The United States is currently considering proposals to extend cultural property agreements with the Governments of the Republic of Cyprus and Peru, respectively. Each agreement identifies various types of art and antiquities that have been found to be in jeopardy of pillage. Similarly, the United States received a request from the former government of
Met Artifact Return Highlights Museums’ Legal, Ethical Risks
Luke Tillman and Rebecca Robinson recently published an article in Law 360 assessing US regulations governing the importation of certain types of artwork and cultural antiquities. The article explores how these laws may also be implicated in museum efforts to repatriate some of these items.
Met Artifact Return Highlights Museums’ Legal, Ethical Risks – Law360
CBP Publishes New Import Restrictions on Archeological Material from Turkey
US Customs and Border Protection (CBP) maintains a comprehensive set of regulations restricting the importation of various pieces of artwork, antiquities, and cultural property. On June 16, 2021, CBP published in the Federal Register a final rule amending those regulations to reflect the imposition of new import restrictions on certain archeological material imported from Turkey.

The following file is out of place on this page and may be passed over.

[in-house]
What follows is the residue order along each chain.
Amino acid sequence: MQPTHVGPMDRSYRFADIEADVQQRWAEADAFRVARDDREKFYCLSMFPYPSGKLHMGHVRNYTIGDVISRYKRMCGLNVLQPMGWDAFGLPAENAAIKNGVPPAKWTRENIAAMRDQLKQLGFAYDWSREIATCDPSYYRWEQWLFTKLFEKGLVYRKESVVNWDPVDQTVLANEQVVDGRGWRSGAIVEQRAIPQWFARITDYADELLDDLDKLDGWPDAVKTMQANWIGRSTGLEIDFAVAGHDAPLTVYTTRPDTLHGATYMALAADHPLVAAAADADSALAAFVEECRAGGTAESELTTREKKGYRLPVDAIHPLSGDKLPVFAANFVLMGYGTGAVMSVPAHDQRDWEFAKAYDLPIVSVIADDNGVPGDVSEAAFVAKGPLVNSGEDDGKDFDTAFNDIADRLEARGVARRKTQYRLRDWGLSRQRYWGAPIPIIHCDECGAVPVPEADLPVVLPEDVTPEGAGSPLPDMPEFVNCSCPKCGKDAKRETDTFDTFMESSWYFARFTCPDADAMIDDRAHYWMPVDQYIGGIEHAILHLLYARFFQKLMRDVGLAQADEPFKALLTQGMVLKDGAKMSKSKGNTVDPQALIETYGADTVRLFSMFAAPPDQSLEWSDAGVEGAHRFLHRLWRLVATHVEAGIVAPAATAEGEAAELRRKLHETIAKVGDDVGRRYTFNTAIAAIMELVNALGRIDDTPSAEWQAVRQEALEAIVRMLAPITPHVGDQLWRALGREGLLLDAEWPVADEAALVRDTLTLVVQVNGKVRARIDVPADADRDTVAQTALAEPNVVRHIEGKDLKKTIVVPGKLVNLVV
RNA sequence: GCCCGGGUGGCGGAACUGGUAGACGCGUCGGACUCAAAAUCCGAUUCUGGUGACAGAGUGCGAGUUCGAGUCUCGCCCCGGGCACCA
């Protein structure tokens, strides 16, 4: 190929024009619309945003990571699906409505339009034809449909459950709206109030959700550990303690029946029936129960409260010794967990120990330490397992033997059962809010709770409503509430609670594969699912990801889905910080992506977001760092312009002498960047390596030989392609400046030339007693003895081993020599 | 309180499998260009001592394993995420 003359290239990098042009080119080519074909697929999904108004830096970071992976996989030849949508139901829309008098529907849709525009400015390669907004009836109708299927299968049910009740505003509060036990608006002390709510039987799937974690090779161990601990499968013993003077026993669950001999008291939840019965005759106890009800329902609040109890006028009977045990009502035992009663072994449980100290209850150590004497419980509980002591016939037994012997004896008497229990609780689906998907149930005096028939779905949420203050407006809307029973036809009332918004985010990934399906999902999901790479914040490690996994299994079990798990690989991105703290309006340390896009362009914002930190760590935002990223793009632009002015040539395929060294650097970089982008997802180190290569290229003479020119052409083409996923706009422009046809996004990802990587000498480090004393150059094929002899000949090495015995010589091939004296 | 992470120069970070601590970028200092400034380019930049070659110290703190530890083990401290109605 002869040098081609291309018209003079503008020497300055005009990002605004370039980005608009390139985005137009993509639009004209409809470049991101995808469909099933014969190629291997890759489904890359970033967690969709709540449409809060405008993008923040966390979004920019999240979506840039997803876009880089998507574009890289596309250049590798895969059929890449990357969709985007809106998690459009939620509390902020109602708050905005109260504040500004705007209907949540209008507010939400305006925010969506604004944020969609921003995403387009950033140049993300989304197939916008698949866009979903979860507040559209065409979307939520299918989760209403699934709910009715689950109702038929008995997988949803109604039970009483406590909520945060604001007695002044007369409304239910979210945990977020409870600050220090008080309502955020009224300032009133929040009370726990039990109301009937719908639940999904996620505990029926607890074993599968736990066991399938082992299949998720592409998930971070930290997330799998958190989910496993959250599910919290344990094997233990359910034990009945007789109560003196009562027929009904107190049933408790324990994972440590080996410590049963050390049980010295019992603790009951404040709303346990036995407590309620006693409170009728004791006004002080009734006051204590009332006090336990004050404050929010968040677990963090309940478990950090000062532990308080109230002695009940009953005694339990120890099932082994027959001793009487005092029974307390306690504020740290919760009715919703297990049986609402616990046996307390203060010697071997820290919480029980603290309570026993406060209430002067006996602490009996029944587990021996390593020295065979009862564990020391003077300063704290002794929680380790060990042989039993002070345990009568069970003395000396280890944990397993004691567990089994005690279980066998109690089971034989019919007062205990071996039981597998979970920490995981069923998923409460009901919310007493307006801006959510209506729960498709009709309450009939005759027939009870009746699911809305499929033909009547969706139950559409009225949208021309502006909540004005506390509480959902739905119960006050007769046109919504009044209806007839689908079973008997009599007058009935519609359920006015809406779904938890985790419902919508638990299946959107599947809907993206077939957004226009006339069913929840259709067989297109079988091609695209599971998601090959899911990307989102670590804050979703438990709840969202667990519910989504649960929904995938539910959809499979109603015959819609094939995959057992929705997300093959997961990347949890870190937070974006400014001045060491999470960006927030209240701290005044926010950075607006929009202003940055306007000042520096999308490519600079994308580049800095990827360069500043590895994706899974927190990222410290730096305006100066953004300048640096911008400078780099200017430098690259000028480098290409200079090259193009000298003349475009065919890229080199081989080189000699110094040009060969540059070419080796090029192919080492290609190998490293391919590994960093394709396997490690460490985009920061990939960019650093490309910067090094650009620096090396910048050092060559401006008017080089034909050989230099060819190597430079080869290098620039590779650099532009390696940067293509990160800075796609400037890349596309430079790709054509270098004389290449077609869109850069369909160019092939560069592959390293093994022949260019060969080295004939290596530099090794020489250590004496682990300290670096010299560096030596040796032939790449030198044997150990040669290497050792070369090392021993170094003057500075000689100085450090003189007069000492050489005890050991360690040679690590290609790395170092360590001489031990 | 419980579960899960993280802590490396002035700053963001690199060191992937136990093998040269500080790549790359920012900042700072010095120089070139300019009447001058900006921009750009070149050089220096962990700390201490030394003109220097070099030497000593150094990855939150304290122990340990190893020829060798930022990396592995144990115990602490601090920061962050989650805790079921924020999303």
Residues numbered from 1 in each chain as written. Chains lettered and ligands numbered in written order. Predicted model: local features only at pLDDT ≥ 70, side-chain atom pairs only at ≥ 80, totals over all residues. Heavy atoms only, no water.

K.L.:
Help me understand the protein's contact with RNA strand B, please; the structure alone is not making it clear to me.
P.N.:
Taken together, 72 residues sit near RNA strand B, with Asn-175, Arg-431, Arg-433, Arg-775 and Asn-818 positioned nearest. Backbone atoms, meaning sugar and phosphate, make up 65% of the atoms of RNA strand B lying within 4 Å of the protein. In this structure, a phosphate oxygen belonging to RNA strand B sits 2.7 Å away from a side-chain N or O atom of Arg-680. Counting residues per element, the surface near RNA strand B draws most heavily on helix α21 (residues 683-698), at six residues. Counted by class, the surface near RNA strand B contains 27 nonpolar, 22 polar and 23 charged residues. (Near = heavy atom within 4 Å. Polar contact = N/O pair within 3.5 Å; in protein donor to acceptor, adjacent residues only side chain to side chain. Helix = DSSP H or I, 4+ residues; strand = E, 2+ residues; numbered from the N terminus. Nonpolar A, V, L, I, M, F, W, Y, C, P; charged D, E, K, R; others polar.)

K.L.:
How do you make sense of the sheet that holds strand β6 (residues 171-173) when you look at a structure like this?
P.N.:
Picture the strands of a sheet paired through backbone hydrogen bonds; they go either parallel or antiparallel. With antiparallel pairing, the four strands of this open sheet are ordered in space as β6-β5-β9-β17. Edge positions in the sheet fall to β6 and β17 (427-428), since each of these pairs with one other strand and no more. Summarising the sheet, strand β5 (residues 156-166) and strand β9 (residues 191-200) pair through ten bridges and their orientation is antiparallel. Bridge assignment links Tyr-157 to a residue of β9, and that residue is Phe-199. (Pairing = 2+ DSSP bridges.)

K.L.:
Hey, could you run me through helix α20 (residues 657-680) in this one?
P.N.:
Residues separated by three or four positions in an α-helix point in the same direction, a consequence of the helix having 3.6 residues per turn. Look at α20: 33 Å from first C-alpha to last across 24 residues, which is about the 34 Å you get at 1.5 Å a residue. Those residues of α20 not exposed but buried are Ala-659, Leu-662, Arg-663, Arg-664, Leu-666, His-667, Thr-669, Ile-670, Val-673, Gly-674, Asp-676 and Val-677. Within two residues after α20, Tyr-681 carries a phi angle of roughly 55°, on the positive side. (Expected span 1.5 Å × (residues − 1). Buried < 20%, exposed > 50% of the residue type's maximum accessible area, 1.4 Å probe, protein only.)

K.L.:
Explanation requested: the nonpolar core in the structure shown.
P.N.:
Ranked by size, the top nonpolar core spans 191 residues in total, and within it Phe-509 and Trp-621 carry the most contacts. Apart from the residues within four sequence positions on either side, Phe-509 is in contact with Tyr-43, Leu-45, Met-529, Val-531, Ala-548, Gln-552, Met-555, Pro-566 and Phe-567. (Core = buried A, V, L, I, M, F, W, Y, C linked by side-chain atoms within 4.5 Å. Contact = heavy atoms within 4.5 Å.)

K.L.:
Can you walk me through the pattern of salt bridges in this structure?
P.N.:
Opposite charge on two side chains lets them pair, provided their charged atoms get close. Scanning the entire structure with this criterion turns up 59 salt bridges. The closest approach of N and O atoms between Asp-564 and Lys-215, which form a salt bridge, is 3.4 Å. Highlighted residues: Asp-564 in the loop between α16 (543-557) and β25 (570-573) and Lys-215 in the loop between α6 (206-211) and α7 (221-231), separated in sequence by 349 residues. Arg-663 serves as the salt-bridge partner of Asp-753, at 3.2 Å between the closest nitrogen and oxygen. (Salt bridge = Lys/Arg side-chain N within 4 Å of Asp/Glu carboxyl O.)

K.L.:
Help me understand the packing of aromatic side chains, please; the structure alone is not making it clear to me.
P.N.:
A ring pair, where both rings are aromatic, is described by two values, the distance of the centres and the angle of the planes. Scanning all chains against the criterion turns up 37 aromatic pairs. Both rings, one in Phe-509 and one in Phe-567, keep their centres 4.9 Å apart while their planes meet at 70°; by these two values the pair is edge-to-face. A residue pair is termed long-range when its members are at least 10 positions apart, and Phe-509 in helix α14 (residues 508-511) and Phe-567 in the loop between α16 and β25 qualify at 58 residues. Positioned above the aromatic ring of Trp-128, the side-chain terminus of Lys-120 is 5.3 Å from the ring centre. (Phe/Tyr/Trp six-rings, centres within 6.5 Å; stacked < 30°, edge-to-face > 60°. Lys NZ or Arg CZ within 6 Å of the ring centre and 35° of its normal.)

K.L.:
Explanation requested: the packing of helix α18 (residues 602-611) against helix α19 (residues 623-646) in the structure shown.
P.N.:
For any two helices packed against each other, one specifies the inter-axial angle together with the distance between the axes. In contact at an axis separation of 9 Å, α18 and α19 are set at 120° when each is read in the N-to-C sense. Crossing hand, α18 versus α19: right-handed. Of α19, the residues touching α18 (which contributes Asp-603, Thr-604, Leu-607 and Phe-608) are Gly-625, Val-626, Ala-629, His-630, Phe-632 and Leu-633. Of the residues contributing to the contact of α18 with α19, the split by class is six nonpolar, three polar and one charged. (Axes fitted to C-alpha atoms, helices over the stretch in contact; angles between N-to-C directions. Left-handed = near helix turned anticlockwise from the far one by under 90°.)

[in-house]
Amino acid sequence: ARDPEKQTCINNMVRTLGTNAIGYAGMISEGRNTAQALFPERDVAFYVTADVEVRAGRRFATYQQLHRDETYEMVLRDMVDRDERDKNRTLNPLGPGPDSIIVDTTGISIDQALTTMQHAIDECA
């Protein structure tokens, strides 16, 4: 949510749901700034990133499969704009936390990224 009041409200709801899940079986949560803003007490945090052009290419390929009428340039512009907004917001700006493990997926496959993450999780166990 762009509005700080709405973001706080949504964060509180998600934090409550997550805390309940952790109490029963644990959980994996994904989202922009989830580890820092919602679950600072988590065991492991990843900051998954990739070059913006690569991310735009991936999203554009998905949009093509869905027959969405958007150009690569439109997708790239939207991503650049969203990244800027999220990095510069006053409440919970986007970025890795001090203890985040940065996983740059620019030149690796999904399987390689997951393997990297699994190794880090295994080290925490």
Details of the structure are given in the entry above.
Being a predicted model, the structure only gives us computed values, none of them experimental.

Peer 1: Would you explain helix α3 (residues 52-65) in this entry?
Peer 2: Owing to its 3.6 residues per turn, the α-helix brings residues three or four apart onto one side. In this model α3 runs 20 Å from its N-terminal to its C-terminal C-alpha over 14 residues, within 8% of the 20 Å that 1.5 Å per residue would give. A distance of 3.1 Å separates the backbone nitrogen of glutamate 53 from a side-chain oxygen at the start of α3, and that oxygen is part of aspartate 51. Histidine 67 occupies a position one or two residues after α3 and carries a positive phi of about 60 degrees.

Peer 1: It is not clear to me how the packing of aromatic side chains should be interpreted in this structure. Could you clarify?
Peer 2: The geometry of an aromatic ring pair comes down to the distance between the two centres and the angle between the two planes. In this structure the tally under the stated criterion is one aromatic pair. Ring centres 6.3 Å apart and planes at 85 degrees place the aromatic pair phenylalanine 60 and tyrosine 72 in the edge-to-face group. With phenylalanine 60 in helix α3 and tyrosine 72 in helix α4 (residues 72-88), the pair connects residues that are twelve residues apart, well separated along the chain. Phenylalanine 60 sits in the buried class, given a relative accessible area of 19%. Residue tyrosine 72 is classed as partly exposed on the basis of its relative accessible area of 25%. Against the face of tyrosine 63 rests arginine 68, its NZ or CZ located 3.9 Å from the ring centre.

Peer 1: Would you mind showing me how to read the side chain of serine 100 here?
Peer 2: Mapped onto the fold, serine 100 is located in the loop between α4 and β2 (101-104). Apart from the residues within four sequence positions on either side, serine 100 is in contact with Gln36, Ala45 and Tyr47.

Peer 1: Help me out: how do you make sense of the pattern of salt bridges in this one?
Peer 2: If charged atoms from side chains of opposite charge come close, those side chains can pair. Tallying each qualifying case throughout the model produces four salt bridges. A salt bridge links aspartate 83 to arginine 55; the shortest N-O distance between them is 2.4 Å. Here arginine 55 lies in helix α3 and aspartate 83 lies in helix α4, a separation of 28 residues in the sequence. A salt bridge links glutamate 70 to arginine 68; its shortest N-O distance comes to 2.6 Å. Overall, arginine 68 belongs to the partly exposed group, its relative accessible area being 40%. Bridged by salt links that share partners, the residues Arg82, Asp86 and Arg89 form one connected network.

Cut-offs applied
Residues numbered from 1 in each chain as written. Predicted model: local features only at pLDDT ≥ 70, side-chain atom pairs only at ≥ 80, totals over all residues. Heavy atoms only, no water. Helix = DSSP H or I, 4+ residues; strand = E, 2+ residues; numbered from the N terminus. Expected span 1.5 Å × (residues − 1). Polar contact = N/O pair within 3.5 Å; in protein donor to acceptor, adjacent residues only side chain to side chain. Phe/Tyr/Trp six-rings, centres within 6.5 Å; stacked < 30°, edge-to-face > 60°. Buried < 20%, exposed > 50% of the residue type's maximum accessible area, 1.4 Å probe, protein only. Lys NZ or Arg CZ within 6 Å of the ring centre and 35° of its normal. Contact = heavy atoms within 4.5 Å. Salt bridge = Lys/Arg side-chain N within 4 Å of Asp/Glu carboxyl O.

The final rule recognizes that the artwork and cultural antiquities from Turkey are in jeopardy of pillage. It adds Turkey to the list of countries which have a bilateral agreement with the United States imposing import restrictions on the cultural patrimony from their respective countries and provides a Designated List identifying the types of archaeological material that are now governed by the restrictions.…
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Client Advisory: The US Trade Agenda in the Biden Administration
With the results of the US presidential election now clear, many in Washington and around the world are beginning to contemplate what international trade policy might look like after President Elect Joseph R. Biden, Jr. takes office in January 2021. Predicting that policy is difficult, since international trade issues did not take center stage during the presidential campaign. However, statements the President Elect made during the campaign, prevailing sentiments in Congress, and Biden’s reputation as a believer in multilateral institutions developed during his nearly five decades in public office, offer some clues as to the broad outlines of his international trade policy. Overall, we expect that the Biden Administration will signal more predictability and a more rules-based multilateral orientation for US international trade policy than its predecessor. At the same time, it will be difficult to unwind some Trump Administration trade policies that enjoy political support, and in certain areas, we are likely to see significant policy continuity in the short- to medium-term.
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